Book artist and print-maker, Kay Rodriques, uses bookmaking and hand printing to express ideas and ask questions about our place in the world. Her careful use of text and original artworks combine to make each of her books a creative/artistic physical object as well as affordable art that is meant to be held, touched, interacted with and enjoyed. Her first book in her “Jamaica Series,” is A Saltfish Tale, which made its debut at the Bay Area Book Fair in Berkeley on May 4-5, 2019.
Books are available via my Etsy shop.
You can view excerpts from book 2, "My Grandfather is a Lime Tree" published in 2019/2020 here.
Text from "A Saltfish Tale"
A Silent Hare Tale II. Across the kala paini
In the beginning Took
There was a boat Took
There were many Us
Boats Into deep blues and greens
Boats Into the Caribbean
Where imported saltfish
Was the only protein I had
Was the only protein I had
I am a painter, book artist and storyteller. I use the ambivalent nature of artists’ books to challenge the idea of what makes a book a book and what makes art art. Through this art form, I can make portable, affordable art that is available beyond gallery and museum walls.
Mark-making and chance are important parts of my work and so my books -- many of them examinations of migration, trade and place-making -- are completely hand printed. Hand-stamped words are accompanied by hand-drawn designs that I screen-print or carve into woodblock and linocuts and then hand-print by burnishing or rubbing. The nature of hand-printing means there may be the occasional upside down letter, and that too, is a challenge to the notion of the perfectly printed, mass produced book.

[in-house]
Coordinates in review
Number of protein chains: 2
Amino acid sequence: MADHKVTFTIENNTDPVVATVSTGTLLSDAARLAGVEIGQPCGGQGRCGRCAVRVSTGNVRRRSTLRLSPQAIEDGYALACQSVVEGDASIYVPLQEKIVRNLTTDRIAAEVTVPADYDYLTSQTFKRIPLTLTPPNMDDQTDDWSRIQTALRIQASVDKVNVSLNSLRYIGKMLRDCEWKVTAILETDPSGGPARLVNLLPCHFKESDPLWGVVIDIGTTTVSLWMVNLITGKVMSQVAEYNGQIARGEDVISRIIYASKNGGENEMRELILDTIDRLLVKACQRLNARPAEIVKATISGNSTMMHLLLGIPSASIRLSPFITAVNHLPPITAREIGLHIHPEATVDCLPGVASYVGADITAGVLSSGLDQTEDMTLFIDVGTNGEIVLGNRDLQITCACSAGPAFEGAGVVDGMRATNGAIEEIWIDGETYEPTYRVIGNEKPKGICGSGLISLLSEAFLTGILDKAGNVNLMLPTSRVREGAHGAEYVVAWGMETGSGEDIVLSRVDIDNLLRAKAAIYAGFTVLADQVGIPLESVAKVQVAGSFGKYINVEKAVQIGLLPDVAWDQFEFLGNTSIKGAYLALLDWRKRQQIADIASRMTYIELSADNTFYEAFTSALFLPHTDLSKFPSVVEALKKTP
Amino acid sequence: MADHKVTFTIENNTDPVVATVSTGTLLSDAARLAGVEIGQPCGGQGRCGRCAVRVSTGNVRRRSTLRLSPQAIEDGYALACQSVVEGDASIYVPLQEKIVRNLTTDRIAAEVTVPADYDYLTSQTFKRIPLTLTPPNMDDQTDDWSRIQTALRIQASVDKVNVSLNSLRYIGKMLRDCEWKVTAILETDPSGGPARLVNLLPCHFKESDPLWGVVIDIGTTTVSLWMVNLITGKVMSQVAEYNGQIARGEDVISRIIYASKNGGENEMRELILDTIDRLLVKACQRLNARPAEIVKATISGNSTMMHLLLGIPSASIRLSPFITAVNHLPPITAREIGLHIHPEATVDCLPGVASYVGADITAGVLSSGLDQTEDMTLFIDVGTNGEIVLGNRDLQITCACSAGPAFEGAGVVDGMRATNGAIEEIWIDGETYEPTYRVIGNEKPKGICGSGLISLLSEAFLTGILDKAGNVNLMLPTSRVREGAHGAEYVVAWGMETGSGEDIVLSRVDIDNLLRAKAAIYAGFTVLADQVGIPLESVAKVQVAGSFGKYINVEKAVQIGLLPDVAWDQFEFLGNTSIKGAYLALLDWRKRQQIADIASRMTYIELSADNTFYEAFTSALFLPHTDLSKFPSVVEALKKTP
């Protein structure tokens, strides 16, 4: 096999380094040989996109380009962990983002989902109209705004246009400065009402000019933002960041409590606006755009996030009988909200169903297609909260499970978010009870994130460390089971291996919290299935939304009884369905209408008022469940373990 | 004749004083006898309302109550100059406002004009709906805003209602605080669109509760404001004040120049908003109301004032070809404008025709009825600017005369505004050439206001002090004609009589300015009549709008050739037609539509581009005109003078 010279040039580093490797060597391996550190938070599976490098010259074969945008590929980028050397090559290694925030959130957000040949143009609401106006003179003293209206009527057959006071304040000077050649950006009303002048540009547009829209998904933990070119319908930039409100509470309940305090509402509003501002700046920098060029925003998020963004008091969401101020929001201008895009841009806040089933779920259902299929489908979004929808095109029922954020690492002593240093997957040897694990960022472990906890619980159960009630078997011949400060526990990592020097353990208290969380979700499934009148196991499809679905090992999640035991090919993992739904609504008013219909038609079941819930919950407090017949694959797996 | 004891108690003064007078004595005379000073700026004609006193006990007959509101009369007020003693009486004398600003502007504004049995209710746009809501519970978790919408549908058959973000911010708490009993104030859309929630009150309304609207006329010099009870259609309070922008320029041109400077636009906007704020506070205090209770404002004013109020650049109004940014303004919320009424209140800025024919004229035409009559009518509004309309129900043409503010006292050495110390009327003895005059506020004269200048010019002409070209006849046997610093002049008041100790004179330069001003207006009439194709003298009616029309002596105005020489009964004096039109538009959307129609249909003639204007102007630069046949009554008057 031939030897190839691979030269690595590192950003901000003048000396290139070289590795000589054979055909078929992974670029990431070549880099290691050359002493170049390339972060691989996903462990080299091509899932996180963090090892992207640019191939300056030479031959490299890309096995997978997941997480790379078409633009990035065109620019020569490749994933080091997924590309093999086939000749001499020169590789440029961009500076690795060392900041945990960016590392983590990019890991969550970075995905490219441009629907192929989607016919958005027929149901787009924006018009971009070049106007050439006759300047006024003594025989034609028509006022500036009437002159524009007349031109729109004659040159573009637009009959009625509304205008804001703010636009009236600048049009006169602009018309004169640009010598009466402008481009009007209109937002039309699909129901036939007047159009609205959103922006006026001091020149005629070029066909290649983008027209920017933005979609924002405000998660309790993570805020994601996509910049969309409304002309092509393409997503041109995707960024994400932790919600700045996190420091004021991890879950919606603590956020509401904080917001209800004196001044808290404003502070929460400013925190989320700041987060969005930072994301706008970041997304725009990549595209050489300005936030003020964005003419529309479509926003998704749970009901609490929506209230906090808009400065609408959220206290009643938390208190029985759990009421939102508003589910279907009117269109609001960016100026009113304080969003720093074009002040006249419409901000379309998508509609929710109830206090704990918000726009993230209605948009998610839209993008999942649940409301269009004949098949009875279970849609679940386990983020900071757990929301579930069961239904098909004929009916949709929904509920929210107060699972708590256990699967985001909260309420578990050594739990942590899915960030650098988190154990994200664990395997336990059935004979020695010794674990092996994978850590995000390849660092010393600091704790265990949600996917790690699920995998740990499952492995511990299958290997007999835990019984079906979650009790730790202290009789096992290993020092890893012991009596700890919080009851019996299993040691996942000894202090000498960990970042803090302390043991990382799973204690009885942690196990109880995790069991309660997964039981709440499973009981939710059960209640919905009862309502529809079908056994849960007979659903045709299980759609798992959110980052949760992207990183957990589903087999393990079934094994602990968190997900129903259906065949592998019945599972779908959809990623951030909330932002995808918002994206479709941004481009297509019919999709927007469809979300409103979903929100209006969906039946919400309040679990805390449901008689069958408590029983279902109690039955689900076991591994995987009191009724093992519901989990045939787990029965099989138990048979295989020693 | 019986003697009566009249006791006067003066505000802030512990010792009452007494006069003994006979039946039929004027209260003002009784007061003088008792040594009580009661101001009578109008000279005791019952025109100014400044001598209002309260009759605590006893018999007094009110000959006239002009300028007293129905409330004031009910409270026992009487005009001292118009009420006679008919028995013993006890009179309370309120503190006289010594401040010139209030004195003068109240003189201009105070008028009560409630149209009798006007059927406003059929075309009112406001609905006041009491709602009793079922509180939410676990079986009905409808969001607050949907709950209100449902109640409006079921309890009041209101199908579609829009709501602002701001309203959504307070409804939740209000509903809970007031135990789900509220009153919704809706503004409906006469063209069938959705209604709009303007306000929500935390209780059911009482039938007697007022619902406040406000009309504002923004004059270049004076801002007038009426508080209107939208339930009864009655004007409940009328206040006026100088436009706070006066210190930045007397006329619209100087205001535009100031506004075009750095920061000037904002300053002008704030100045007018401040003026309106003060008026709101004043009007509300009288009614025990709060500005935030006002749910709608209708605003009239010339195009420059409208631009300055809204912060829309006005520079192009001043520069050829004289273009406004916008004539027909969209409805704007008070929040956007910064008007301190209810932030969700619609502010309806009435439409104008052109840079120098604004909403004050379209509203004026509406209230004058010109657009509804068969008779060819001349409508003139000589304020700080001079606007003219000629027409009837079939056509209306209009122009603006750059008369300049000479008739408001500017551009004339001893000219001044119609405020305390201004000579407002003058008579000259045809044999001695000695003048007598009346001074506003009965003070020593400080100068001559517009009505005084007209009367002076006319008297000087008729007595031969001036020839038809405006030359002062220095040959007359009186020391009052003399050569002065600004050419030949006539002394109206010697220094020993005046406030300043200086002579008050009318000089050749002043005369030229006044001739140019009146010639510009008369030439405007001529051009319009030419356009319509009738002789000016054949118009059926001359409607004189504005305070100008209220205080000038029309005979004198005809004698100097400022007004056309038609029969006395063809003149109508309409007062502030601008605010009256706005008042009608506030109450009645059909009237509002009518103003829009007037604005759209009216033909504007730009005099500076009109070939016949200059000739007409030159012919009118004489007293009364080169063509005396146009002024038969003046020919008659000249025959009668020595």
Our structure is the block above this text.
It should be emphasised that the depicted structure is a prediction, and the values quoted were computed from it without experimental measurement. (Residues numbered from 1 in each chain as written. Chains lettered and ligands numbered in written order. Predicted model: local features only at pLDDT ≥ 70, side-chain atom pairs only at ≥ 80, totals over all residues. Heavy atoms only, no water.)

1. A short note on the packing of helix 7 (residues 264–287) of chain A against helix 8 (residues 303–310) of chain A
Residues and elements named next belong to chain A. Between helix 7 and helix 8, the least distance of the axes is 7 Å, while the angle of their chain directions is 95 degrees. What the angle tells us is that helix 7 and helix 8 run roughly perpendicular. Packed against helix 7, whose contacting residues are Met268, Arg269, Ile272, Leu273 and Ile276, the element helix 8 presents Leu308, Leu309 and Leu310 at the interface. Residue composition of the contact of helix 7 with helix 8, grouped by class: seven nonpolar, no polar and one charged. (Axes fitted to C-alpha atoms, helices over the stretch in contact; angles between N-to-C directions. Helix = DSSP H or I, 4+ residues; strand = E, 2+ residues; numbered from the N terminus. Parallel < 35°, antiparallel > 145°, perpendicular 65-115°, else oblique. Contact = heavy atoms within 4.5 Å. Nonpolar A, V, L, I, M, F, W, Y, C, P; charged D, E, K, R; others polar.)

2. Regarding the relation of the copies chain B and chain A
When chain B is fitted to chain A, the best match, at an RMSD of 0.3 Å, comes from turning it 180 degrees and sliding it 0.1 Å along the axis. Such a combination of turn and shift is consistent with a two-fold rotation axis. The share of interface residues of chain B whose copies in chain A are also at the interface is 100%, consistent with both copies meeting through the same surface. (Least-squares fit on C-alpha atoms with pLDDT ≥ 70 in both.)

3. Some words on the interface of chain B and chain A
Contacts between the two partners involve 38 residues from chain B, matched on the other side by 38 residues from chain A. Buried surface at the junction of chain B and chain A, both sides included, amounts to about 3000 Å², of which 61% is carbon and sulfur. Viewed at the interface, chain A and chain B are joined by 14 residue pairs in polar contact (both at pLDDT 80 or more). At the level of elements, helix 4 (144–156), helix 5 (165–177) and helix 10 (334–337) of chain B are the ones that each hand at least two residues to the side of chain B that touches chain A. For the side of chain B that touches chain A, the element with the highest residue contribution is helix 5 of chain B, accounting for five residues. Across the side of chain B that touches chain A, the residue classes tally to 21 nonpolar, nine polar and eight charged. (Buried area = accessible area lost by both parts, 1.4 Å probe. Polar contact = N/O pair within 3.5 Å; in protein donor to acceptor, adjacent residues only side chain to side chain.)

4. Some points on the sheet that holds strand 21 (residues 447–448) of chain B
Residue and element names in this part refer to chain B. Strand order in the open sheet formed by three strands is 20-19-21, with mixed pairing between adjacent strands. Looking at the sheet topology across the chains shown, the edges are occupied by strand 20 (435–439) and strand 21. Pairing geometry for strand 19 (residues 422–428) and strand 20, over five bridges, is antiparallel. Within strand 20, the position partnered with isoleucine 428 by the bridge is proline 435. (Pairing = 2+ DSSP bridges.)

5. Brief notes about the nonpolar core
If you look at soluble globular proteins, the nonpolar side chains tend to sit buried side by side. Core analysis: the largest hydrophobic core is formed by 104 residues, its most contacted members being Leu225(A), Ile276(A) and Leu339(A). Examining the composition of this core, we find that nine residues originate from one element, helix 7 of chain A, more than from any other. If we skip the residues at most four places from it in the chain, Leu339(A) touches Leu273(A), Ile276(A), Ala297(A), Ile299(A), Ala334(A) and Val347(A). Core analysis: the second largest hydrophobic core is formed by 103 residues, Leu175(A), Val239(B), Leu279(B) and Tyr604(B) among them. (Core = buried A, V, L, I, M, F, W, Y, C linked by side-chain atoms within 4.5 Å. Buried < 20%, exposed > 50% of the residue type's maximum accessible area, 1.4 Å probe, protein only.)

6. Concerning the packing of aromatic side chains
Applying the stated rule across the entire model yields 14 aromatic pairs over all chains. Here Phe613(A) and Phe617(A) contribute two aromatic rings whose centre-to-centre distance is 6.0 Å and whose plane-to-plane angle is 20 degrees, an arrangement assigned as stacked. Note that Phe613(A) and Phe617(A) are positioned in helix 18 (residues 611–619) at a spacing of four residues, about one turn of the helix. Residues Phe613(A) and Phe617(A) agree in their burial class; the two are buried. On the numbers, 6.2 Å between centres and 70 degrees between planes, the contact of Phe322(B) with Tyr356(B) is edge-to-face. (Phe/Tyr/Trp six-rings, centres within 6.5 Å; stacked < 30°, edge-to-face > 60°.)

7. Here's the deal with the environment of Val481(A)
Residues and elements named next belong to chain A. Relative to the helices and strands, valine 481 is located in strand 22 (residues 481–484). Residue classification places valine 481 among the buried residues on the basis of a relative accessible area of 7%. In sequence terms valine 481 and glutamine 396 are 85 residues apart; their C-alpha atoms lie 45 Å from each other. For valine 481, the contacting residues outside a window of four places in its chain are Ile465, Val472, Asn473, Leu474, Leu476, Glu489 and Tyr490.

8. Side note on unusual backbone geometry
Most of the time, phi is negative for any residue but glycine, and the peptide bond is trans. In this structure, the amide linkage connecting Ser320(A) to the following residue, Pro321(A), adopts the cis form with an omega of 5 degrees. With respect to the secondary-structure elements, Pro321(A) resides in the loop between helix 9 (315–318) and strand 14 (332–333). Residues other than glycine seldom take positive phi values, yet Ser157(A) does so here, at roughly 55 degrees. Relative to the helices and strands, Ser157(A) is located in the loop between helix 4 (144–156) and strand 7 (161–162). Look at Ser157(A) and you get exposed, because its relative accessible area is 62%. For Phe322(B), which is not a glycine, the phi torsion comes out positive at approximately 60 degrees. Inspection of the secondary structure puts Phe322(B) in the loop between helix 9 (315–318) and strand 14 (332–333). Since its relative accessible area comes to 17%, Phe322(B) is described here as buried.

As as an artist whose aim is to tread as lightly as possible on this planet, this kind of artmaking is not only eco-friendly, it also allows me to live in and create in the smallest of spaces (think very nearly, tiny house!). When I want to create larger works, I join together pages or sheets of paper into an accordion format that can be folded and unfolded, displayed or stored.
I use many different mediums, such as clay, woodblocks, watercolors and recently have gotten back into using oils. Why? Because they are so expressive and there are so many different mediums that you can mix into them to give your marks and brush strokes different feelings and moods. Mark making is an important part of my work and so you will rarely see a satin finish type of work in my repertoire. But you never know! I keep experimenting and experimenting because I like discovering new and old media.
I enjoy hiking in my spare time and many of my pieces are directly influenced by these hikes and nature. I love recreating plants and wildlife in my work. You will also find some imaginary scenes too, like the hare in my logo -- she plays the flute.
Recurring themes in my work include the built environment, community and place, and memory and personal history. I also enjoy hiking in cities, big and small.